EDMONDS — A lawsuit challenging the city of Edmonds’ new rules around firearm storage can move forward, a Snohomish County judge has ruled.
Superior Court Judge Anita Farris issued an order Tuesday after questioning a February request from the city’s attorneys to hear additional arguments.
Thursday was the day the ordinance went into effect.
The Edmonds law requires gun owners to keep their firearms locked up and inaccessible to others, especially children. It is similar to a Seattle law that was challenged by the National Rifle Association. A King County judge tossed out that case.
In Snohomish County, the judge denied the city’s motion to dismiss the Edmonds suit. Additional hearings have not been scheduled.
Lawyers for the plaintiffs — two Edmonds residents, the NRA and the Second Amendment Foundation — have said law-abiding people are prepared to violate the ordinance by not changing their current habits. They used the example of keeping firearms stored around the house for self-defense.
The judge’s two-page order was not listed in the public court database Thursday. The plaintiffs provided a copy to The Daily Herald.
They argue that state law leaves firearms regulations up to the Legislature in Olympia.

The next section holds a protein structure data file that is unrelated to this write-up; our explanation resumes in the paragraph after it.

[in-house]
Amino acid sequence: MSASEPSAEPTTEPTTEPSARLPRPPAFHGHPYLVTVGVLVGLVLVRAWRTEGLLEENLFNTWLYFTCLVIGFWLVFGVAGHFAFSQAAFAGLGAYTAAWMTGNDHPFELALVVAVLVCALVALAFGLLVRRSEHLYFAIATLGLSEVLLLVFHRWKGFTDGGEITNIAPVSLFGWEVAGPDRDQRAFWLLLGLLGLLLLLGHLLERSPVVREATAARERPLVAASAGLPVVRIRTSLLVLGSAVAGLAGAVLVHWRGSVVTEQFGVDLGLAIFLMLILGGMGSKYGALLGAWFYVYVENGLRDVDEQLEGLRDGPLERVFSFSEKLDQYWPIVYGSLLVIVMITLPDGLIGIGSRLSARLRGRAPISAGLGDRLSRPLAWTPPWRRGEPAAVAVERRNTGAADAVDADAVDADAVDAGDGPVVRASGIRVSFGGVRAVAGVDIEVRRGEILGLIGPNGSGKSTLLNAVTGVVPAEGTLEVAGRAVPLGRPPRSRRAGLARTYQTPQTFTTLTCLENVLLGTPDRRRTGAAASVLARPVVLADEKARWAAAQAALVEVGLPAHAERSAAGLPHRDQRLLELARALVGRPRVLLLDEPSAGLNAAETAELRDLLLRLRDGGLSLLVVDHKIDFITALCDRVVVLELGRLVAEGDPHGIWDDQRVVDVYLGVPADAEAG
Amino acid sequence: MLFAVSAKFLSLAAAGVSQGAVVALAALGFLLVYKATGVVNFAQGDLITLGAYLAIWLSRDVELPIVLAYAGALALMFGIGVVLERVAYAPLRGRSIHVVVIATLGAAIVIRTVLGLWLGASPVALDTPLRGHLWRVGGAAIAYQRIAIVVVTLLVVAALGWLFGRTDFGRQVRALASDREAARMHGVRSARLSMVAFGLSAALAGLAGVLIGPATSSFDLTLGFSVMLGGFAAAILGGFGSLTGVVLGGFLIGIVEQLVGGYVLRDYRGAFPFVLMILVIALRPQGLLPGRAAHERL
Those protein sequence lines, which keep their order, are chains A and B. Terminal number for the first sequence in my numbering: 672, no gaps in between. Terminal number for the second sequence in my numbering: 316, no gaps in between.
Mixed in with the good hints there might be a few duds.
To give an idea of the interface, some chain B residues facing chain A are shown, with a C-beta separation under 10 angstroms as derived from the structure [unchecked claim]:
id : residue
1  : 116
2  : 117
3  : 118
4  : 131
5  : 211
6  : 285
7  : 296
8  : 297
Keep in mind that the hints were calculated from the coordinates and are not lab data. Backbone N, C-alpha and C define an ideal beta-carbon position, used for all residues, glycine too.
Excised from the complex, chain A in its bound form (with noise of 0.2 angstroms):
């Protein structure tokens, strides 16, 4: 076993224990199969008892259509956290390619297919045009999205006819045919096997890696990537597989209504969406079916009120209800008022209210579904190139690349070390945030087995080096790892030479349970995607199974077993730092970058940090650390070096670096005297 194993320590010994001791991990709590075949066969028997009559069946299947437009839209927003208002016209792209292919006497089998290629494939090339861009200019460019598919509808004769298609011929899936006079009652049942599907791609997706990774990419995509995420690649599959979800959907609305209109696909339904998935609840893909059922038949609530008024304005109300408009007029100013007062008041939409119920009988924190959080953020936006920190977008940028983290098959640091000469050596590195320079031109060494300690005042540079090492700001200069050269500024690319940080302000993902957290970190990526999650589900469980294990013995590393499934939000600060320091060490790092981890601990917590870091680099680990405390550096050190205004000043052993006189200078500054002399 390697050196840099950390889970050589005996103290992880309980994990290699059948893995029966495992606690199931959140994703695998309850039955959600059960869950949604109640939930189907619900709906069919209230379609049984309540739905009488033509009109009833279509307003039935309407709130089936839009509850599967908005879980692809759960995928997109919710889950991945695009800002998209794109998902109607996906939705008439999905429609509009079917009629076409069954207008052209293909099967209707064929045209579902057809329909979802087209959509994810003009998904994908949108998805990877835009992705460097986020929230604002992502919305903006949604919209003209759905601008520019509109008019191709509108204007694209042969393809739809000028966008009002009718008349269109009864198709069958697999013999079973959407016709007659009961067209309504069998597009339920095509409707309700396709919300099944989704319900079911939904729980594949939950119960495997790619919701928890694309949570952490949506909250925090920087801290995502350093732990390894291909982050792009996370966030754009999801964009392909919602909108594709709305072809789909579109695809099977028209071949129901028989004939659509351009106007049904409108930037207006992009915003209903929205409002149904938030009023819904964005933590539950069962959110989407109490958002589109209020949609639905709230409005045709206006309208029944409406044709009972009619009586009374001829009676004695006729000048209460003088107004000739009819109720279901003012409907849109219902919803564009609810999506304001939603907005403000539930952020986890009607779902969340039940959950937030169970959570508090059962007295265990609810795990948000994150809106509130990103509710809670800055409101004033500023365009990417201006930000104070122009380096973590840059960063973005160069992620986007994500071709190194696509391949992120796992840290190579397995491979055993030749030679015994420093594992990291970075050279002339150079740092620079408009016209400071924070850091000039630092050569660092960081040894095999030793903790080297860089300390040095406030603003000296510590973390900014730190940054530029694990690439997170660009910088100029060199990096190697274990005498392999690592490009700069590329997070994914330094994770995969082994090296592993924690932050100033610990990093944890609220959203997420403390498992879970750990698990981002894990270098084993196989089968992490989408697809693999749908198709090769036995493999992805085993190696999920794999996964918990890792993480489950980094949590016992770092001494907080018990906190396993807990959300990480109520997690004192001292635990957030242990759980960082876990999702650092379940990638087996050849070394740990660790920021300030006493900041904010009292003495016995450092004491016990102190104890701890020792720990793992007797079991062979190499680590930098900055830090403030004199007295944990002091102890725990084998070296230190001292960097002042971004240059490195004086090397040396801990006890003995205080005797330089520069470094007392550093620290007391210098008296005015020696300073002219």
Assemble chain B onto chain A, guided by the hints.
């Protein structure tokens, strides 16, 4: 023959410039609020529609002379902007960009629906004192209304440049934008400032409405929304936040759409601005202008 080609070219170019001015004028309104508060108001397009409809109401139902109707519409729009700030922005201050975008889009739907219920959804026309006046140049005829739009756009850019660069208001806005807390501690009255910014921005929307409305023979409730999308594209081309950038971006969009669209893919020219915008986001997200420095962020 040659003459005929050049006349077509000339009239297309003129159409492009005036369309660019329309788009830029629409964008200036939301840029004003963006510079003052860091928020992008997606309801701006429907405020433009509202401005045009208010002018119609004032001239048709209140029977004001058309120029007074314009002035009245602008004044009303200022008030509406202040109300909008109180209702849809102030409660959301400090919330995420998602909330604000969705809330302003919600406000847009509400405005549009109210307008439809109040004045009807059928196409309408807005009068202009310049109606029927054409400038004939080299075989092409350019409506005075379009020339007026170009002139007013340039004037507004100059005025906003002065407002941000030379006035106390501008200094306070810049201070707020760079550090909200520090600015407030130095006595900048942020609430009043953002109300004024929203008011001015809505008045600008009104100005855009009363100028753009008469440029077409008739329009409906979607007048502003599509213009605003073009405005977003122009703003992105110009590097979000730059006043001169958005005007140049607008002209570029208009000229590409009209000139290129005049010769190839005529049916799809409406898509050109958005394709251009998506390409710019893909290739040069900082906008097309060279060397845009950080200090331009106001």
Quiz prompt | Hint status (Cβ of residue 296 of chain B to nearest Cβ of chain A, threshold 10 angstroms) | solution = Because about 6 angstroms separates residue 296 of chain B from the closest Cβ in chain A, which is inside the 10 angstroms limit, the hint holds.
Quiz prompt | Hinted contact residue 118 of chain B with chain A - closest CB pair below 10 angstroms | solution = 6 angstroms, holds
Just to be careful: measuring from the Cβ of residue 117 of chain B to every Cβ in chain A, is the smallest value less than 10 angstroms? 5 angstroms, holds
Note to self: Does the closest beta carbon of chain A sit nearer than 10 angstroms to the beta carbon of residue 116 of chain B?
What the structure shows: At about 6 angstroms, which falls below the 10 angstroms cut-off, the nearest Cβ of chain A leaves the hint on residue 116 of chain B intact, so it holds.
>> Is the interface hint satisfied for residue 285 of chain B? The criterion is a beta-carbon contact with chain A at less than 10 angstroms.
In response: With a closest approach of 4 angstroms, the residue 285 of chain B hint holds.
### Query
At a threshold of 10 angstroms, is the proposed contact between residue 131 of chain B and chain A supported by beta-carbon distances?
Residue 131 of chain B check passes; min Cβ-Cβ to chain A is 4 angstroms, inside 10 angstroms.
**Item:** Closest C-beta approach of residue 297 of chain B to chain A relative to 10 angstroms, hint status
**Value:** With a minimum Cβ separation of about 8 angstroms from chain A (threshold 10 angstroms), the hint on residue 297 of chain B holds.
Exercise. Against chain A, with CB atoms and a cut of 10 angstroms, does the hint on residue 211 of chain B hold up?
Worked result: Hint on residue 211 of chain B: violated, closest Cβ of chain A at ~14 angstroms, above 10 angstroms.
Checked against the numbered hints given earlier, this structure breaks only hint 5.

Alan Gottlieb, founder of the Second Amendment Foundation, said in a Wednesday news release that the plaintiffs are “encouraged” by the proceedings.
“We believe this ordinance, and the one in Seattle, were passed specifically to erode the state law,” he said.
In January, attorneys representing the city said in court that enforcement practices would depend on the facts of each case, and it would be better to wait for a real-life scenario before figuring out the legal questions. They cited a hypothetical situation in which a 10-year-old stumbles upon an unsecured firearm.
Eric Tirschwell represents Edmonds officials as well as Everytown Law, a national effort.
“We look forward to continuing to defend the city’s efforts to require and promote responsible storage of firearms,” he said in a prepared statement.
Under the ordinance, if someone such as a child or a thief gets unauthorized access to the weapon, the gun owner could be held civilly liable and fined up to $1,000. If an unauthorized person uses the firearm to commit a crime or injure themselves or others, the gun owner could be fined again, up to $10,000.
Those provisions aren’t applied to someone legally carrying a weapon on their person.